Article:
The four Republicans in West Virginia’s Congressional delegation (Senator Shelley Moore Capito and Congressmen David McKinley, Alex Mooney and Evan Jenkins) have all pushed for repealing Obamacare.
House Republicans fulfilled that campaign promise last week by narrowly passing (217-213) The American Health Care Act. However, for some Republicans, the action feels like the barking dog has finally caught the car it was chasing.
For example, 3rd District Representative Jenkins clearly has reservations. “This was a tough call,” he told me on Talkline last week. “Is it a perfect solution? No,” he said. “It goes to the Senate. Work will continue. Doing nothing wasn’t an option.”
It sounds like Jenkins and a number of his fellow Republicans can scratch “Repeal Obamacare” off their To Do lists, but they are also hoping the Senate will save them from themselves. The issues are particularly sensitive in West Virginia, where the population is older, sicker and poorer.
The Medicaid Expansion program has over 170,000 West Virginians enrolled, with the federal government picking up a larger share of the cost than the typical reimbursement. However, under the Republican plan the federal government will reduce funding for expanded coverage after 2019, leading to an expected decline in coverage.
When supporters of the replacement say no one on Medicaid will lose their coverage they are technically correct. However, the system has a certain amount of churn, so as the Washington Post Fact Checker reported, “If they try to get back into the system, however, the planned reductions in funding may mean they no longer find themselves eligible for the program, or that their benefits have been scaled back.”
Also, the Kaiser Family Foundation says the AHCA allows for higher out-of-pocket costs for older people. “Generally, people who are older, lower-income, or live in high-premium areas (like Alaska and Arizona) receive less financial assistance under the AHCA,” Kaiser reports. “Additionally, older people would have higher starting premiums.”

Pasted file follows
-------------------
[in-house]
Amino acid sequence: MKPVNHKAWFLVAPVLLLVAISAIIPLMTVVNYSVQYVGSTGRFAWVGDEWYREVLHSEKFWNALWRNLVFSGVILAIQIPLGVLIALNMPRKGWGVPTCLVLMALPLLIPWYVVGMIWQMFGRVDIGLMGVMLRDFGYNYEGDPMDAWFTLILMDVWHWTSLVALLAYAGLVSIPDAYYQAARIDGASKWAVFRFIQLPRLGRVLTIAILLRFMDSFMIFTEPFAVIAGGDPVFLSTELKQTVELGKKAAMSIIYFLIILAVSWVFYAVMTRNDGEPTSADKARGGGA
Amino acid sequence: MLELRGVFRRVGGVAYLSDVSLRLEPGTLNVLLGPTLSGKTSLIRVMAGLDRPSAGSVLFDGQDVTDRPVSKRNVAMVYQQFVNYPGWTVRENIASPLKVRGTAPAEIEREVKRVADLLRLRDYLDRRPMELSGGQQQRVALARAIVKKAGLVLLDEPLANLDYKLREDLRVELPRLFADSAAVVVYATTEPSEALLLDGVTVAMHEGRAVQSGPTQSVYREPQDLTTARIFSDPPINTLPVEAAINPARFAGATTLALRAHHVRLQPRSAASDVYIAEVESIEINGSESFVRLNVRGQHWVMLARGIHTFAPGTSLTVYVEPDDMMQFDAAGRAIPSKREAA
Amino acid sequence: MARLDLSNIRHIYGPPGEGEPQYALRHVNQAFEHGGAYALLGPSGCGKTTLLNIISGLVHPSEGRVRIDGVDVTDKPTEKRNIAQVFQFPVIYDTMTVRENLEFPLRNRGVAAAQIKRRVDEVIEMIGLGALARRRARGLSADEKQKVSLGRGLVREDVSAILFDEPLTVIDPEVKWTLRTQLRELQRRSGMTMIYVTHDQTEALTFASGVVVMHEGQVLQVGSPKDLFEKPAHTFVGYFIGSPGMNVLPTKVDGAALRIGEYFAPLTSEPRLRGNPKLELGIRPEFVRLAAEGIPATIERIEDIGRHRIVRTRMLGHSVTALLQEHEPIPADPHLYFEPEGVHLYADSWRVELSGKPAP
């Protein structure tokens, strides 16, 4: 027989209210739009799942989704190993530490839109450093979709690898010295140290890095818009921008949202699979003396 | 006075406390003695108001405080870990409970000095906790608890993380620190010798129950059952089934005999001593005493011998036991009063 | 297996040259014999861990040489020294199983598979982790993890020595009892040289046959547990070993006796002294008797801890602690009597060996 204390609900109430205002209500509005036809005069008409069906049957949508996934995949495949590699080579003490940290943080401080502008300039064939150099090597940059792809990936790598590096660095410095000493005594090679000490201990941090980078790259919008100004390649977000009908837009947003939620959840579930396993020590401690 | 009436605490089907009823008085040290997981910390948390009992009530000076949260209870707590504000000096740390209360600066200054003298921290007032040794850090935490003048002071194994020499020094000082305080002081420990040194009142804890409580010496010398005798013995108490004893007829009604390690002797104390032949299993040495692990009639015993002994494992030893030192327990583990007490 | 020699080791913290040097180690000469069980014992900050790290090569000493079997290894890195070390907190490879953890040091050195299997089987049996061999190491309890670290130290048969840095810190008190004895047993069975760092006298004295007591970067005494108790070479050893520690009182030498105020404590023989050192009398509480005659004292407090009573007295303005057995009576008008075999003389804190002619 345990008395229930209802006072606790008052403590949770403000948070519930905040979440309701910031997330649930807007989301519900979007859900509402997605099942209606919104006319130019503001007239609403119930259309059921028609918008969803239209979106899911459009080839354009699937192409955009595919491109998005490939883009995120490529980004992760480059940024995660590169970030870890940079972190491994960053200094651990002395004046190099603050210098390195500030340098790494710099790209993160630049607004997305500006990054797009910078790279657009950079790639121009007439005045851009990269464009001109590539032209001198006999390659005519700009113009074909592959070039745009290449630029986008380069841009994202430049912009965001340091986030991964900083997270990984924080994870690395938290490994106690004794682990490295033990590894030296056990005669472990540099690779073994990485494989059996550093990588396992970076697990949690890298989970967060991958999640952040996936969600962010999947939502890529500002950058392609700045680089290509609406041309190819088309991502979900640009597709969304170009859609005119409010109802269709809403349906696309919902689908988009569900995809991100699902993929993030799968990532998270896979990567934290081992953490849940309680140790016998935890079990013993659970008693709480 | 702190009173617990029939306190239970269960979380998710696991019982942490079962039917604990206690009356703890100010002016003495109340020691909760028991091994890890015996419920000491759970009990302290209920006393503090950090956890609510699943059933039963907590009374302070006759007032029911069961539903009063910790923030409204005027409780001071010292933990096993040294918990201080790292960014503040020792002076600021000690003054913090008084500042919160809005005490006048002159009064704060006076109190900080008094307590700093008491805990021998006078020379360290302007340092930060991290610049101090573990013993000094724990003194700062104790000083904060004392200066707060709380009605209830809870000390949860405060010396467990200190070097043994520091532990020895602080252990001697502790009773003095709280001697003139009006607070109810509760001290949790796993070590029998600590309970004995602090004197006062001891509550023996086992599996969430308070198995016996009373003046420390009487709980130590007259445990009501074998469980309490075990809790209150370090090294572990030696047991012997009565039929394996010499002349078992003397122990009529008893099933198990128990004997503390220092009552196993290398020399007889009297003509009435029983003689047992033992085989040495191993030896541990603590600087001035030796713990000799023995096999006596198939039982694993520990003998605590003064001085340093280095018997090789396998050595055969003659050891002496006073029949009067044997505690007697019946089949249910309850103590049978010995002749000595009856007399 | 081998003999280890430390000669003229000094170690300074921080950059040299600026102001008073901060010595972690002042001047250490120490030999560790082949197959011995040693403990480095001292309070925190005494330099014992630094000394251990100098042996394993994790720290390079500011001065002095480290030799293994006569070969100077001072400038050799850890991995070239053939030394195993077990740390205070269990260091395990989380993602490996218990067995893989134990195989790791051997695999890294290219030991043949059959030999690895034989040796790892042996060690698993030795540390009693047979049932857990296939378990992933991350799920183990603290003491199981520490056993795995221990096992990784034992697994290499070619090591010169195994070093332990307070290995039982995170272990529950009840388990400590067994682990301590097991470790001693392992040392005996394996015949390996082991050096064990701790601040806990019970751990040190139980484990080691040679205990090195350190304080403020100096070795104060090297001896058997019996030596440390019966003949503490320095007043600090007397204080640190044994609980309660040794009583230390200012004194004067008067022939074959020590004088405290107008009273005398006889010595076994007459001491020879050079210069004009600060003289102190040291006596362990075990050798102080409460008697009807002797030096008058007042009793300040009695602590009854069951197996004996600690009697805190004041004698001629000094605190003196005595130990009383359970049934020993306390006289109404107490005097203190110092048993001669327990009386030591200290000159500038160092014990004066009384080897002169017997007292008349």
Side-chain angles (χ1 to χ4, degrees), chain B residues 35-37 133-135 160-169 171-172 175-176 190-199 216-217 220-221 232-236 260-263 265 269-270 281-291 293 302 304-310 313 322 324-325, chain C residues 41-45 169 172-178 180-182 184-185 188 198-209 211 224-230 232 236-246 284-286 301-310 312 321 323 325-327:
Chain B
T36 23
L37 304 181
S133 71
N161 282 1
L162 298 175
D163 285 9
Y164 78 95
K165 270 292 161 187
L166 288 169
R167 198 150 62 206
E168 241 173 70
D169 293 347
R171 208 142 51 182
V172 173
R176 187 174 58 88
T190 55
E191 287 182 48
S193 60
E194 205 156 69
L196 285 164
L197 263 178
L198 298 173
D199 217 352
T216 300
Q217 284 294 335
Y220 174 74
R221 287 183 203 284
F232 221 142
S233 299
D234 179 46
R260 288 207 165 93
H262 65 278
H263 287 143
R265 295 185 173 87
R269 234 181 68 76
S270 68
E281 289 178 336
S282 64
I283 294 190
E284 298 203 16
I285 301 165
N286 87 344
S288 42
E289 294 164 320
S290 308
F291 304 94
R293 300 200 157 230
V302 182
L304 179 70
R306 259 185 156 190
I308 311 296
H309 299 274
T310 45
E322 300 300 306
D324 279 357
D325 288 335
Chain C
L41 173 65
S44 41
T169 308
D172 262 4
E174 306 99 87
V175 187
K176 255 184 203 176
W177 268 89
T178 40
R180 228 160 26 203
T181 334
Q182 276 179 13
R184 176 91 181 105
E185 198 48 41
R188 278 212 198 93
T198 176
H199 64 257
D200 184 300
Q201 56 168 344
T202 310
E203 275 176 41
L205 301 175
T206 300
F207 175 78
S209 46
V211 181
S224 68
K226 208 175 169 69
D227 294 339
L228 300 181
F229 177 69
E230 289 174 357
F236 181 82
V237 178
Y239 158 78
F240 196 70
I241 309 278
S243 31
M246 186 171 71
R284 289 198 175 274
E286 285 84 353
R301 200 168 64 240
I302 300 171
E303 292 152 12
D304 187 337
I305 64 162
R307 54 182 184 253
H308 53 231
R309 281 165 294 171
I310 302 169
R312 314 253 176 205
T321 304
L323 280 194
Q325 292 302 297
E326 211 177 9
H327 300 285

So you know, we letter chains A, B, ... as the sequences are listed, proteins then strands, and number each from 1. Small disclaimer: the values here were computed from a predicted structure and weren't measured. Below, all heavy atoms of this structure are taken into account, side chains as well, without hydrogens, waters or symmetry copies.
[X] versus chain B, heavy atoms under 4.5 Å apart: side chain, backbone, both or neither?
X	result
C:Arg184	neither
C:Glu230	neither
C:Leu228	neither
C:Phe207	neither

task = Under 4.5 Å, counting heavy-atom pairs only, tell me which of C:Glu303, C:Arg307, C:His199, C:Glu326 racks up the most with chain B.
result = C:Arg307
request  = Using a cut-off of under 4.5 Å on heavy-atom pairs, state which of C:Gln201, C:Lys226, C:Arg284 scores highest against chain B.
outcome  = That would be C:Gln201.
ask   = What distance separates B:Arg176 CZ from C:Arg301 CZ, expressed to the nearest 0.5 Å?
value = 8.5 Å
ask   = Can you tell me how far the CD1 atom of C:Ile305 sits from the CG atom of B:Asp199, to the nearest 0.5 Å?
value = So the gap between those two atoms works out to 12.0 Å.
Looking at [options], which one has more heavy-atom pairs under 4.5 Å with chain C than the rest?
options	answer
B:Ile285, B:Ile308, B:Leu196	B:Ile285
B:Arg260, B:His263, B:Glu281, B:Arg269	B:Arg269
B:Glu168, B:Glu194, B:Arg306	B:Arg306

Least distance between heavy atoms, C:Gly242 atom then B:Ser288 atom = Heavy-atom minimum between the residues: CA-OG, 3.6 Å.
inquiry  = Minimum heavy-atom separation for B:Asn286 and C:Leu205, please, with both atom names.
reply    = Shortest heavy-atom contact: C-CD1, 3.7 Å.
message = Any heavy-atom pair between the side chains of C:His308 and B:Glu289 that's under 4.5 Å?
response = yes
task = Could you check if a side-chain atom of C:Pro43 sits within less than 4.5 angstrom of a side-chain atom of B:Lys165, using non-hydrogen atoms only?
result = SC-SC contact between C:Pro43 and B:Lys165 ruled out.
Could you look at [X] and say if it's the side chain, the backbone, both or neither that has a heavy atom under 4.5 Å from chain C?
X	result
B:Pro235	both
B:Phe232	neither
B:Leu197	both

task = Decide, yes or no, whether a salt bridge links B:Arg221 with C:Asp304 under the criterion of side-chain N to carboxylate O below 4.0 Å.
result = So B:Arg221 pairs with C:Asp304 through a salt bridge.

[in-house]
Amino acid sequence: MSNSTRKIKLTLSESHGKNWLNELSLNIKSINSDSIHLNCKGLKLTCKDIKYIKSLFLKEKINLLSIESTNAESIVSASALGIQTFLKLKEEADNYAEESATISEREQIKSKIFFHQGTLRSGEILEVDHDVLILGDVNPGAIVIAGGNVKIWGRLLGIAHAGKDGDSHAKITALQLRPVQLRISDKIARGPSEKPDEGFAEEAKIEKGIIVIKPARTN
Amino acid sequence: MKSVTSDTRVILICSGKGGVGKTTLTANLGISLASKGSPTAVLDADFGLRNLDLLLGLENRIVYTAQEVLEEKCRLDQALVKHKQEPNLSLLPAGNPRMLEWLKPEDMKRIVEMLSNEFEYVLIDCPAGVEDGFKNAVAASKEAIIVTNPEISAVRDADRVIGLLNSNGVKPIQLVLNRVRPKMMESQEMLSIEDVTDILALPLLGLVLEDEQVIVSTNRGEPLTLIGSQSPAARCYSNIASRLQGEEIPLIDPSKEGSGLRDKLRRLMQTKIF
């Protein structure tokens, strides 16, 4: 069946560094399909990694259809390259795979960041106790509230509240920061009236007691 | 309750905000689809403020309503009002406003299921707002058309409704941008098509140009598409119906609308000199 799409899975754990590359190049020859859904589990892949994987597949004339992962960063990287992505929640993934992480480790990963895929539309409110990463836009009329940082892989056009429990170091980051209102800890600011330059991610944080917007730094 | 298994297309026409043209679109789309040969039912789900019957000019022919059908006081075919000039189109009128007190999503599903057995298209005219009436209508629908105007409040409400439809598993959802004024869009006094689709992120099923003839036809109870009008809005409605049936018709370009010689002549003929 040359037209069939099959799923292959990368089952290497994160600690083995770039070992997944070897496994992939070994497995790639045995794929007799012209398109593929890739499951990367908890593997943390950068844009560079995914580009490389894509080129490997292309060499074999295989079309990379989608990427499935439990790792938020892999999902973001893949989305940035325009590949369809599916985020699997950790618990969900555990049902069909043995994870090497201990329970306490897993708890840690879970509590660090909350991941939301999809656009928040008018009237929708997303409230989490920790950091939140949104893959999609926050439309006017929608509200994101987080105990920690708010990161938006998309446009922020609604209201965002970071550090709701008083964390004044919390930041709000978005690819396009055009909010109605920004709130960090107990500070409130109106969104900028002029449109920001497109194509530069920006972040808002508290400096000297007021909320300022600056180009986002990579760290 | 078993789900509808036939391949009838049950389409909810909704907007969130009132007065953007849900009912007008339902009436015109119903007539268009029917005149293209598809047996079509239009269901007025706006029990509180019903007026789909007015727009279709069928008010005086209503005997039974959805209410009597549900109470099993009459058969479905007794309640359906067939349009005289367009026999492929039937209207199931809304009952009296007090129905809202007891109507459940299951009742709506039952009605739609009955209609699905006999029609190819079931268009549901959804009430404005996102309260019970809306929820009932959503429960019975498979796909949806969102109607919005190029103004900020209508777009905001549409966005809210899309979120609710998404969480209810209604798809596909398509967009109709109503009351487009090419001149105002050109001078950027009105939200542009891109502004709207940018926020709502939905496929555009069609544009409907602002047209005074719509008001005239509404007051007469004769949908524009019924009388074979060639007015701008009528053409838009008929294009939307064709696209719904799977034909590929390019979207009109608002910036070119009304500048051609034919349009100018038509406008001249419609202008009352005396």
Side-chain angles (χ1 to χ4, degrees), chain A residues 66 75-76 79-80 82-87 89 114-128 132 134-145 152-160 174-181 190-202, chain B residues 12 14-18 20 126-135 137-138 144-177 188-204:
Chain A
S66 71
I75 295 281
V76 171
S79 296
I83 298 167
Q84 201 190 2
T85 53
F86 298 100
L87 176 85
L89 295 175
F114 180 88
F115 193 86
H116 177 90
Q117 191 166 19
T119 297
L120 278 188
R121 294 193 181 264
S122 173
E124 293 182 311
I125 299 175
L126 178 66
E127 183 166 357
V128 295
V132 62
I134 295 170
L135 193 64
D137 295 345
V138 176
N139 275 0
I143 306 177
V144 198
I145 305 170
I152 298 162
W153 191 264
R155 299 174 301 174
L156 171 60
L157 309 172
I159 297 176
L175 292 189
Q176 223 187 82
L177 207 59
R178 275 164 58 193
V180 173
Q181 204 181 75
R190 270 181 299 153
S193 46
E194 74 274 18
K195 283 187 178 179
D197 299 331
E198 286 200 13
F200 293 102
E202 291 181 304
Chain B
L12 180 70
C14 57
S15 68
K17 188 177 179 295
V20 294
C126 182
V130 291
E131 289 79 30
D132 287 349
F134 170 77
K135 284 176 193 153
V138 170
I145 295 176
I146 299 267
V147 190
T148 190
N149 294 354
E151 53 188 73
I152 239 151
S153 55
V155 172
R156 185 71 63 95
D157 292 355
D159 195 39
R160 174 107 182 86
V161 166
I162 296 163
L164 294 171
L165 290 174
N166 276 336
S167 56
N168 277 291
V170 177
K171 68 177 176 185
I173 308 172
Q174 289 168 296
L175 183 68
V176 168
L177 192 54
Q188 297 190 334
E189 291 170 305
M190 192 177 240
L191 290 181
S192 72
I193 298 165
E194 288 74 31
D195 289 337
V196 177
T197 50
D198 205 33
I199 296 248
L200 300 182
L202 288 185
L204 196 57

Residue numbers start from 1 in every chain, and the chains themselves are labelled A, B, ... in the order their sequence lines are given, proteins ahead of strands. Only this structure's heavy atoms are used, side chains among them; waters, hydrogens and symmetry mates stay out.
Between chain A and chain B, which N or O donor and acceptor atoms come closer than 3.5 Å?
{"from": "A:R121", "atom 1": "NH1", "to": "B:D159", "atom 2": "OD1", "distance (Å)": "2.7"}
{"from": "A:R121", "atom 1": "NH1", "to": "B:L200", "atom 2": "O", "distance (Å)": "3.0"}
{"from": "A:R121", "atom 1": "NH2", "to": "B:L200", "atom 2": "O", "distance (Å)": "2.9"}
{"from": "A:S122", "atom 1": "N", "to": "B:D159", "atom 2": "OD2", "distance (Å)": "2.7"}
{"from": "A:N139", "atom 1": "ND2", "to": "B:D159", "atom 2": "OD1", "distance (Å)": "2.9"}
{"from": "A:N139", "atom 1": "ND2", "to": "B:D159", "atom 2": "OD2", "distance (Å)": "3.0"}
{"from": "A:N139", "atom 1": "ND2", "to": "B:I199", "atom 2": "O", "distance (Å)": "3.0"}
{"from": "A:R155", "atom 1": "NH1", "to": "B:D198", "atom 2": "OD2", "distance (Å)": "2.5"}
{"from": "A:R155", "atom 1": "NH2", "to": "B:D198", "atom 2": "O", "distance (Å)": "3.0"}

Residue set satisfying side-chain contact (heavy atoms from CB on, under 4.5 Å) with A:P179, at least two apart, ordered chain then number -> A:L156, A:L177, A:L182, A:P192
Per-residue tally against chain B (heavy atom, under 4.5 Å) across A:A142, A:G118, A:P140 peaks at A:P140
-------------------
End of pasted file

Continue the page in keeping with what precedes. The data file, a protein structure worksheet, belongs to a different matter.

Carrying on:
Congressman Jenkins is correct that doing nothing was not an option because the exchanges are flawed. There simply are not enough young healthy people willing to pay skyrocketing premiums and out-of-pocket expenses to subsidize the sickest people or those with pre-existing conditions.
The alternative high-risk pool makes sense, as long as it’s fully funded. As columnist Holman Jenkins wrote in the Wall Street Journal, “By giving new options to the states, the House bill would make subsidizing pre-existing conditions a general obligation of the taxpayer as it always should have been.”
Republicans banked for years on “Repeal and replace Obamacare” as an instant applause line, but West Virginia has quickly become dependent on Obamacare to provide coverage for a large chunk of the population, and many providers prefer the known of existing law to the unknown of the legislative process.
Controlling Medicaid costs and making premiums more actuarially sound make fiscal sense, but they are going to be a hard sell in West Virginia and elsewhere. Government benefits build constituencies and expand government power. Those trends are not easily reversed.